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Questions haunt Spring Hill couple after son's death in Gainesville

WEEKI WACHEE

By the time James Graziano turned 15, he had become a prisoner to his urges, and his parents needed help.

Born with a genetic disorder called Prader-Willi syndrome, James wanted food all the time. His parents, Salvatore and Sandra, had been forced to wrap chains around the handles of their refrigerator and install locks on the kitchen cabinets.

Despite those efforts, James weighed nearly 300 pounds by the time he turned 13.

And he had another dangerous compulsion: He wandered. The Grazianos would take their eyes off their son for a few minutes and he would be out the door of their Spring Hill home.

"We gave ourselves five minutes to look for him and then we called 911," recalls Mrs. Graziano, 58.

Like many Prader-Willi patients, James had a moderate intellectual disability. He could read and write, but probably would never be able to live on his own.

At about the time most teens are starting to get excited about a driver's license, James arrived at a Gainesville group home run by Arc of Alachua County, a private, not-for-profit organization that specializes in providing services to clients with disabilities.

There, his parents figured, he could be with other people with Prader-Willi, and the staff would watch his diet and his whereabouts.

Things went well for about seven years. Then, on the night of Aug. 4, James walked out of the house on SW 75th Street. He was about a half-mile away when he stepped off the shoulder and into the path of a Nissan Versa, according to the Florida Highway Patrol. He was taken to the hospital in critical condition.

A week later, the Grazianos decided to take James off life support. He was 23.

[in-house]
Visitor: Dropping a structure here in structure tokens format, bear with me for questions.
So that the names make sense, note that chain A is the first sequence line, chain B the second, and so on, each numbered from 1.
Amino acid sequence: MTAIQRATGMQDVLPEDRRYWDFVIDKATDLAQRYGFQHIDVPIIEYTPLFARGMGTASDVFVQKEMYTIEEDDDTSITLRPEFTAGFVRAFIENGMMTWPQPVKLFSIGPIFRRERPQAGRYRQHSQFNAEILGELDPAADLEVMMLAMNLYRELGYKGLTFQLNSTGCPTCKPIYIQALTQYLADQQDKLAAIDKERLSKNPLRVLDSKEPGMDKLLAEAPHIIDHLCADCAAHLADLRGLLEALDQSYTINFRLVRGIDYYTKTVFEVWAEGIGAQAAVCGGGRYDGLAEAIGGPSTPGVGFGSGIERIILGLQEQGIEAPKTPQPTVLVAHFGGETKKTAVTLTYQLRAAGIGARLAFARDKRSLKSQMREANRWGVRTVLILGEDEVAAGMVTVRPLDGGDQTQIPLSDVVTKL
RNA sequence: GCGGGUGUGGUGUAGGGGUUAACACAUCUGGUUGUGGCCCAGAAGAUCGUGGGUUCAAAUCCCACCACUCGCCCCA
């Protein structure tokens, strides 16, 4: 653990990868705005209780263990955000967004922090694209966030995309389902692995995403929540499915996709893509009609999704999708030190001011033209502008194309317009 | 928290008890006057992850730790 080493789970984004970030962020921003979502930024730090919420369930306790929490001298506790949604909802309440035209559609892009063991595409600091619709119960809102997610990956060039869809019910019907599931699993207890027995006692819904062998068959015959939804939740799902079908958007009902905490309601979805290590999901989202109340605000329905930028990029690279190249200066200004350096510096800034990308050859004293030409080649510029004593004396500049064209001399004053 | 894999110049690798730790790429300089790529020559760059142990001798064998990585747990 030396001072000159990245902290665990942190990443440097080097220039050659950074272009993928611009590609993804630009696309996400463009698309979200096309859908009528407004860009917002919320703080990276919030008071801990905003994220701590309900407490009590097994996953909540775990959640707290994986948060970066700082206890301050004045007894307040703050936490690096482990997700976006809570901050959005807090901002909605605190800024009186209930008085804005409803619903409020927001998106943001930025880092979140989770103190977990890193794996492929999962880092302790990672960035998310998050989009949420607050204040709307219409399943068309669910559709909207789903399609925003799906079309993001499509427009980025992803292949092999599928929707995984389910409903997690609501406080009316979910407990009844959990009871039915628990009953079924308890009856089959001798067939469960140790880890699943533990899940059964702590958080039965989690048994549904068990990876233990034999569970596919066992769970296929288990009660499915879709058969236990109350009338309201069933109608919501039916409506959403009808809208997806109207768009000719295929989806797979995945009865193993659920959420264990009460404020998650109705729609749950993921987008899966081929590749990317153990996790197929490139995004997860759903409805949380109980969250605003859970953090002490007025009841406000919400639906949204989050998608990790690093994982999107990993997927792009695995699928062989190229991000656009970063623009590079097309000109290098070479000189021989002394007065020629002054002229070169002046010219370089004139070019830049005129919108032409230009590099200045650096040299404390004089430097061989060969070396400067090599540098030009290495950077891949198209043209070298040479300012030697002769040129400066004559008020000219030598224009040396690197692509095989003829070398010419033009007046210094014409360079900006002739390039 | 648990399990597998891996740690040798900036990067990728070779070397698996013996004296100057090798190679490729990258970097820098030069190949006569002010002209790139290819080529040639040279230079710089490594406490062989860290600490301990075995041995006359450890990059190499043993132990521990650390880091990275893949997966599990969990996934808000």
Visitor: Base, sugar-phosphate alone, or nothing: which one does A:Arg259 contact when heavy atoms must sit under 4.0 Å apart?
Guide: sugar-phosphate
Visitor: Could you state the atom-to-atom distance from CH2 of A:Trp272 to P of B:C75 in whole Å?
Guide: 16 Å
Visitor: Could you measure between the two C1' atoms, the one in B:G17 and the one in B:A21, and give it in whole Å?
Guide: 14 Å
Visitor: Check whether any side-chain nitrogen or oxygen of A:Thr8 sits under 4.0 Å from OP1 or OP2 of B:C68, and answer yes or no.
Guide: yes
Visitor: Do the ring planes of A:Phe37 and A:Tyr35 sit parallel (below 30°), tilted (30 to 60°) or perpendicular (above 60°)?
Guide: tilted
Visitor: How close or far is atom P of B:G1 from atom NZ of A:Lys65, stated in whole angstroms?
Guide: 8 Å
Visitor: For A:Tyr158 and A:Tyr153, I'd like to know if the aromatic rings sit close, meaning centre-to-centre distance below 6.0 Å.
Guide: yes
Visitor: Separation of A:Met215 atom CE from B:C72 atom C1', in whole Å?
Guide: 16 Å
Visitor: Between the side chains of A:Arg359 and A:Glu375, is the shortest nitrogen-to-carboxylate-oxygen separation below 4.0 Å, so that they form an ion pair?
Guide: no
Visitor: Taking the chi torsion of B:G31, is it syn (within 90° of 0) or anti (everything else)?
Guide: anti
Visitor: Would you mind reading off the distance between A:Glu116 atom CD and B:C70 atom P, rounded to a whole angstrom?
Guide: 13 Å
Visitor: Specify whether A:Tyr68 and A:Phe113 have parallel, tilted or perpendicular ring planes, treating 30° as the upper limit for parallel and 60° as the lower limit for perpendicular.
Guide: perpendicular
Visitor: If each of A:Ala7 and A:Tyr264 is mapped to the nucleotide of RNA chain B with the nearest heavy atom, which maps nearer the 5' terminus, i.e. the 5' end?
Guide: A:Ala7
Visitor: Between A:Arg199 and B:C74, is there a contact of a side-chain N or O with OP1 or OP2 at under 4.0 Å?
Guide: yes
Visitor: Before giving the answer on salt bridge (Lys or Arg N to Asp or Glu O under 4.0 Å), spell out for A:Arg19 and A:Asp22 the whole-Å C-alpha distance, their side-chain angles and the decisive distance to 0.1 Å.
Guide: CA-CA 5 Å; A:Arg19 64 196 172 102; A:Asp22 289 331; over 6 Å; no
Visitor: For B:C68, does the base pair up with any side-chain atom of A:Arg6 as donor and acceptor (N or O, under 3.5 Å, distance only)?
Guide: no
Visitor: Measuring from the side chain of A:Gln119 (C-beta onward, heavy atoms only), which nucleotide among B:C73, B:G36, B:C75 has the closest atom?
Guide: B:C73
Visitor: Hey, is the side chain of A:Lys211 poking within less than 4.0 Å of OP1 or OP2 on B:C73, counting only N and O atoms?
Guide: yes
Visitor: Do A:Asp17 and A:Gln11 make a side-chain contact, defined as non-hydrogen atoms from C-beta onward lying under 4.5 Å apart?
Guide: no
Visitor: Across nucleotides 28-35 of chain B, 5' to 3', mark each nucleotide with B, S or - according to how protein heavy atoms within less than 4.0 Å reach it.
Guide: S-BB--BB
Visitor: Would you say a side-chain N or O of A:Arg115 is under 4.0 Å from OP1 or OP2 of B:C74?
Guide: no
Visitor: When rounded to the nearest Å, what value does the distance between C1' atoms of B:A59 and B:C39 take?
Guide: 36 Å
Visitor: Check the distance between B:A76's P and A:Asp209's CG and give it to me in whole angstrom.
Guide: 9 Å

Now a state agency is investigating the Arc home, which has a history of service calls for missing persons. The Grazianos, who live in Weeki Wachee, say the facility that served James well for so long ultimately failed him.

"This is why we put him in a group home, because we couldn't watch him and keep him from running away," said Mr. Graziano, 57. "We were told they were watched 24/7."

Richard Bradley, Arc of Alachua's executive director, declined to comment to the Tampa Bay Times beyond a written statement.

"A comprehensive investigation has been and is currently underway to ascertain the facts of the incident," the statement said. "We wish (the Grazianos) comfort and solace and express our condolences while knowing that nothing we say or do can alleviate their grief and pain. We also grieve as we have known and cared for James Graziano for the last seven years."

• • •

The Grazianos sat on the porch of their modest ranch home last week and recalled the joys and pains of raising a son with Prader-Willi.

Doctors knew something was wrong shortly after James was born in New Port Richey. He had low muscle tone and lacked the strength to eat on his own. He was transferred to All Children's Hospital in St. Petersburg, then Shands in Gainesville, where he was diagnosed with Prader-Willi at about 10 months old.

The syndrome, named after the endocrinologists who discovered it, affects roughly one in every 15,000 children, according to the Prader-Willi Syndrome Association, but is one of the most common causes of life-threatening childhood obesity.

"The urge to eat is physiological and overwhelming," the association's website says. "It is difficult to control and requires constant vigilance."

The Grazianos had never heard of the syndrome, but they learned all about vigilance.

James was the baby of three siblings, and for years he couldn't understand why his hamburger had to be smaller than everyone else's, or why his sisters could have a snack and he couldn't.

The family stopped going out to eat, and watched themselves at home, too.

"You couldn't go back for seconds," recalled Mr. Graziano, a sealer for Dan's Driveway Designs in Spring Hill. "He'd have fits."

Still, James put on pounds, and his tantrums continued. At about age 14, his parents sent him to a treatment center in Pittsburgh for six months. Doctors eventually found a good combination of medications to temper his outbursts.

Still, James would try to go wandering. Mr. Graziano cut off the top half of James' bedroom door and installed a lock on the outside. That way he couldn't leave during the night or the few moments during the day when his parents would check the mail or hang laundry.

Mrs. Graziano, who works as an in-home caregiver, chuckled last week as she recalled the day she was making James' bed and looked up to see him pulling the door shut. He turned the key and threw it, leaving his mother to climb over the door and give chase.

"I made it to the front door before he got out," she said.